What’s the point of virtual reality? At this nascent stage the question remains hanging in the pixelated air like the promise of a better life off-world. As does the associated unknown of whether the tech’s promise of “exceptional immersion” will stand the test of time and make the leap to mainstream appeal.
For now, on the content side, VR mainly means a few gaming experiences with relatively niche appeal (given the pro kit needed to power them), and experimental or quasi-educational content such as virtual tours, medical therapy and attempts to foster empathy by embodying another first-person perspective. But another idea is to use VR to foster mindfulness by tuning out the day-to-day and tuning into some calming VR vistas.
U.S. digital health company Provata Health is one of several companies hoping to harness the technology’s power as an escapist medium by using it as a backdrop for guided meditations — and has just launched a VR iOS app.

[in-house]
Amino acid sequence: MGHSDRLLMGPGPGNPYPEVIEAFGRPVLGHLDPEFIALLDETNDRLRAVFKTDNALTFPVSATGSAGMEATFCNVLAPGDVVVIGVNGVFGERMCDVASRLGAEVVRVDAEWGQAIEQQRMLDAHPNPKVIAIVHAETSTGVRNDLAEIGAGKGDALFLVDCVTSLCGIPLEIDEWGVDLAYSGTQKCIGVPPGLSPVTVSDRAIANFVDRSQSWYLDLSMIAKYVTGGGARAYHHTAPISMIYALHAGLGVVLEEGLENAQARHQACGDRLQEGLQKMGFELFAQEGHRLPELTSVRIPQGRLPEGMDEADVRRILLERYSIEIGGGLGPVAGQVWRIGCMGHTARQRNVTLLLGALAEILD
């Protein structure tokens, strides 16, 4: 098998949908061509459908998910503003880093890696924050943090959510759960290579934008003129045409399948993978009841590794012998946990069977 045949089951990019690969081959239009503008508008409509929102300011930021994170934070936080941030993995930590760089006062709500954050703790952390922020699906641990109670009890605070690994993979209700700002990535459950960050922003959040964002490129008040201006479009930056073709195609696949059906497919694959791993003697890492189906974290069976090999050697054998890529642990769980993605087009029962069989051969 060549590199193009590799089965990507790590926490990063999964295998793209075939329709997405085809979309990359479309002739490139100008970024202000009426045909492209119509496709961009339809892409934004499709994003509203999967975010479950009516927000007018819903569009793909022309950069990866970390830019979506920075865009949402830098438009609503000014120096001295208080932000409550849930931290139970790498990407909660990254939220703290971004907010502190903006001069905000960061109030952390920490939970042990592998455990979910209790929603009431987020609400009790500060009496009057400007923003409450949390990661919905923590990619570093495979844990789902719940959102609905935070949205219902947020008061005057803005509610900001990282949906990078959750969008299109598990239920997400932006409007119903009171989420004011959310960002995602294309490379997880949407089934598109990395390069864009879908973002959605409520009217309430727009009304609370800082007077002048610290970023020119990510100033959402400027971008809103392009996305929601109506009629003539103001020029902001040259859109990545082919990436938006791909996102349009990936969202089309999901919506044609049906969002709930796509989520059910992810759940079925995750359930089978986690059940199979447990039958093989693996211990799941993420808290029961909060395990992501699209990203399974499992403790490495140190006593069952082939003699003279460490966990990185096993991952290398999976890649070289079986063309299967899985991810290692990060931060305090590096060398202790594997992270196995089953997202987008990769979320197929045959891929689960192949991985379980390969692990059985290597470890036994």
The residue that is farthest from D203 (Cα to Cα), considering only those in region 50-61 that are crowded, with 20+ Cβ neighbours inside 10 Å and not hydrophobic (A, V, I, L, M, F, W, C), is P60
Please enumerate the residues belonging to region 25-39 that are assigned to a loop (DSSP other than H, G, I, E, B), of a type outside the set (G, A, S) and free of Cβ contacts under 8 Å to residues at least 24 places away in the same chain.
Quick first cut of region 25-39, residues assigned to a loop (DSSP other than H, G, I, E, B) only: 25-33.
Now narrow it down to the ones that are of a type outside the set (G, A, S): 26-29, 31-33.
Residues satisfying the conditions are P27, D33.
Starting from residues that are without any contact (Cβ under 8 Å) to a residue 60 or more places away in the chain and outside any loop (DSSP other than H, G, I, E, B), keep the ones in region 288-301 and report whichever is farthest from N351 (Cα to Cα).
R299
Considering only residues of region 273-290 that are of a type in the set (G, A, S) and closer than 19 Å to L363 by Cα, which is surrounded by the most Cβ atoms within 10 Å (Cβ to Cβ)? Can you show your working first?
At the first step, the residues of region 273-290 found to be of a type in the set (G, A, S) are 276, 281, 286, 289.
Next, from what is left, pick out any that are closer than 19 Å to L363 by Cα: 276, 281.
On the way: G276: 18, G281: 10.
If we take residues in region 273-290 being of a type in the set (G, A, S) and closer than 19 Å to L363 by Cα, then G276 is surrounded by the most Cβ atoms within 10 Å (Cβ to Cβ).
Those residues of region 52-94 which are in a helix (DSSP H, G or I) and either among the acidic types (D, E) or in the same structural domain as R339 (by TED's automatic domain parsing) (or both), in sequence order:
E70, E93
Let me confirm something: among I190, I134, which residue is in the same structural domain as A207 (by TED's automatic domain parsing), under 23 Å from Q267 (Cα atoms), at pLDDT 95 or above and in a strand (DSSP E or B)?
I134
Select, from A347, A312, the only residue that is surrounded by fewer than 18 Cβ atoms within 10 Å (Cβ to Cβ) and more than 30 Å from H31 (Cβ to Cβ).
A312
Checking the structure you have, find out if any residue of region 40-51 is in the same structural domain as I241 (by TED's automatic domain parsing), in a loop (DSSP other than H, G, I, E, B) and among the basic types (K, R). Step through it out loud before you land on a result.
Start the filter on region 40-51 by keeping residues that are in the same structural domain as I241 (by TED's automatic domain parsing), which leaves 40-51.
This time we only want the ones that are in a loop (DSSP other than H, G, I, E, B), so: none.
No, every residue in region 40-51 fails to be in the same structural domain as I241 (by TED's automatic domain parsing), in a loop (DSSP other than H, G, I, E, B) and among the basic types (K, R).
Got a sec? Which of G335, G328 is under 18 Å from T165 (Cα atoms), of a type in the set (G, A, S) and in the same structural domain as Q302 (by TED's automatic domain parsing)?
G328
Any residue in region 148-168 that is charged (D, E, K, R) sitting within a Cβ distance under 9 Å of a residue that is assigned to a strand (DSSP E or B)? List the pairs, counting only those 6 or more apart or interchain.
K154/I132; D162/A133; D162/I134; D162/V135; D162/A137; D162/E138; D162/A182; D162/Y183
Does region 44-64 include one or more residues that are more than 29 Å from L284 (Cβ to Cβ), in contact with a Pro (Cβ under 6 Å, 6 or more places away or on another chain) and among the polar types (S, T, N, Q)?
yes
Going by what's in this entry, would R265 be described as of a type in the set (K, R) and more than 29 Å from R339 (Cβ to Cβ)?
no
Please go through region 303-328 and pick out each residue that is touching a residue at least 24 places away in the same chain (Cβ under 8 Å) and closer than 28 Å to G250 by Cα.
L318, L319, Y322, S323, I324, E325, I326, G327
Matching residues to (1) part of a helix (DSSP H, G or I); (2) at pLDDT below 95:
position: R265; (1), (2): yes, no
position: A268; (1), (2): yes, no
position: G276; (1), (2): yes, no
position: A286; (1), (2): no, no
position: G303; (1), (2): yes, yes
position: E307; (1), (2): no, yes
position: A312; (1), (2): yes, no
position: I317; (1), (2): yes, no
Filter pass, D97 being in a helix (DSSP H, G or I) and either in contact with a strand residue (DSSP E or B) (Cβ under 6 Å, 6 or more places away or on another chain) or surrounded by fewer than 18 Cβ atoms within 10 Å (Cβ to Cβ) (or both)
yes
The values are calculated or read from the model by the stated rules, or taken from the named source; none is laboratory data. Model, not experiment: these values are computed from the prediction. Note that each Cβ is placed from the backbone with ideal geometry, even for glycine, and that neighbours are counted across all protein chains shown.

The idea being you slip on a mobile VR headset and use the app to experience a guided meditation within a 360-degree calming visual environment, such as sitting on a beach or next to a waterfall. (Although Provata’s app can also be used for guided meditations without needing to put on an iPhone-compatible VR headset — just with the same peaceful landscape to swipe around onscreen.)
Also incorporated into its app: the ability to link health-tracking wearables, such as the Apple Watch, to quantify the effects of a meditation session on, for example, your resting heart rate. Or look at how your sleep is being affected by taking time out to meditate. The company says the app can also be used to track pre- and post-meditation heart rate using just a smartphone camera — for those who don’t own a fitness wearable.
There’s an increasing number of apps and digital services focusing on the mindfulness space — including the likes of Headspace, Calm and Simple Habit. Even Apple has a relaxation app for its Watch wearable, called Breathe. Provata also has a wider digital health play — selling guided programs via employers wanting to offer staff encouragement to take up health-boosting activities — but the VR app is its first step into the consumer mindfulness space. CEO Alex Goldberg says it’s hoping to “pioneer a new category of digital health: Virtual Reality Preventive Care.”